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Curr Oncol Rep. 2004 Mar;6(2):123-30.

Small molecule inhibitors targeting cyclin-dependent kinases as anticancer agents.

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Division of Hematology/Oncology, Virginia Commonwealth University/Medical College of Virginia, MCV Station Box 230, Richmond, VA 23298, USA.


Cyclin-dependent kinases (CDKs) and their related pathways represent some of the most attractive targets in the development of anticancer therapeutics. Among a variety of CDK inhibitors under development, flavopiridol, UCN-01, CYC202, and BMS-387032 are undergoing clinical evaluation based on evidence of preclinical antitumor activity. Flavopiridol exerts multiple effects in tumor cells, including inhibition of multiple CDKs, transcriptional inhibition secondary to disruption of P-TEFb (CDK9/cyclin T), induction of apoptosis, and antiangiogenesis. UCN-01 was initially developed as a protein kinase C (PKC) inhibitor, but its major antitumor effects appear to be related to CDK inhibition or "inappropriate" activation of cdc2/CDK1 abrogating the G2 and S checkpoints, inhibition of PDK1/Akt, and induction of apoptosis through a PKC-independent mechanism. Significantly, combining these CDK inhibitors with either conventional cytotoxic drugs or novel agents targeting signal transduction pathways can markedly enhance antitumor activity, particularly induction of apoptosis, in various preclinical models. Such findings may serve as a basis for the introduction of novel combination regimens into clinical trials.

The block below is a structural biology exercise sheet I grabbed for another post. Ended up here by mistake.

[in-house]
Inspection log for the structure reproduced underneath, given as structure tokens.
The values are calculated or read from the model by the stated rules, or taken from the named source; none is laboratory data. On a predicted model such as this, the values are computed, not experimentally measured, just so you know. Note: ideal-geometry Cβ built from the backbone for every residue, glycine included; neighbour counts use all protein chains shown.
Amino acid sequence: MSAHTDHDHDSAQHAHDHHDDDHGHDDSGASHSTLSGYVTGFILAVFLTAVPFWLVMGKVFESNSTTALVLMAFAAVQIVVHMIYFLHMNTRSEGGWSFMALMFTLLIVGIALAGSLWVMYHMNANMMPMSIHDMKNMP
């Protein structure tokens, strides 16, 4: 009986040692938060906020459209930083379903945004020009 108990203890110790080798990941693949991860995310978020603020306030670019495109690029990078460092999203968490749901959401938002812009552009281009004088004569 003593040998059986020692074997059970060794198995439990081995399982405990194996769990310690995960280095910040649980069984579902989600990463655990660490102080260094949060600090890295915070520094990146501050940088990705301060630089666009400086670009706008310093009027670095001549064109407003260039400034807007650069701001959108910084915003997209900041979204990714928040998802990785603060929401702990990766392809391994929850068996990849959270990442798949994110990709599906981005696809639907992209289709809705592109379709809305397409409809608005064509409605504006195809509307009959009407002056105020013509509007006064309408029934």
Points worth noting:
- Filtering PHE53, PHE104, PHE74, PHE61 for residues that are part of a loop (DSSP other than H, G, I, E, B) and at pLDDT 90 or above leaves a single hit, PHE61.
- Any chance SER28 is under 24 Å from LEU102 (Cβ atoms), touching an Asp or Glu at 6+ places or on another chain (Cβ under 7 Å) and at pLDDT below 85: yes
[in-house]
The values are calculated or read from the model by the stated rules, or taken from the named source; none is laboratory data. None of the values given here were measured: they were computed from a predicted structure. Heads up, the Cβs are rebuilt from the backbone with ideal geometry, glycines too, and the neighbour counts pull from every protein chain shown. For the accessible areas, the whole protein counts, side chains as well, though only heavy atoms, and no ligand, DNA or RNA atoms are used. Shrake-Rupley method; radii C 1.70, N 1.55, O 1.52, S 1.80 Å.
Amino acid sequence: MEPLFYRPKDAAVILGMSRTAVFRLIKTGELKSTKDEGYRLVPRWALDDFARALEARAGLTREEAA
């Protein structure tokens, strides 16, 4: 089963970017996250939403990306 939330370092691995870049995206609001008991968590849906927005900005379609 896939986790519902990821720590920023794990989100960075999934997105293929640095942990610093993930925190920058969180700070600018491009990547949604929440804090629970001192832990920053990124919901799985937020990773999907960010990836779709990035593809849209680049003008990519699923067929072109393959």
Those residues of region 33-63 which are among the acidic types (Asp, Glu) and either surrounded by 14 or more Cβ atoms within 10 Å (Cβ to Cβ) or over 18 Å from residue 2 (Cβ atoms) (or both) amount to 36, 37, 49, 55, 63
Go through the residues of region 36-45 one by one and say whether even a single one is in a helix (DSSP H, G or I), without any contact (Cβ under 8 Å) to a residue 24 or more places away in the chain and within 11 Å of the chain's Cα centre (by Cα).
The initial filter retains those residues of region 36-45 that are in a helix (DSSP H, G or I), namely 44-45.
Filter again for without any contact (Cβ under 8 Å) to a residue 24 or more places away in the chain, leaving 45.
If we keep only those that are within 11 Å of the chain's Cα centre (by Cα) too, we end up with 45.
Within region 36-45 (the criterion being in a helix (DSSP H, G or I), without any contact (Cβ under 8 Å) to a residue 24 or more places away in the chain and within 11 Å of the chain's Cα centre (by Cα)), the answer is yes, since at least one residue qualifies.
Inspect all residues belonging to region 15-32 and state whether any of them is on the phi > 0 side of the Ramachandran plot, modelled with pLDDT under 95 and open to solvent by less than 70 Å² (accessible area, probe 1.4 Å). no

[Indexed for MEDLINE]

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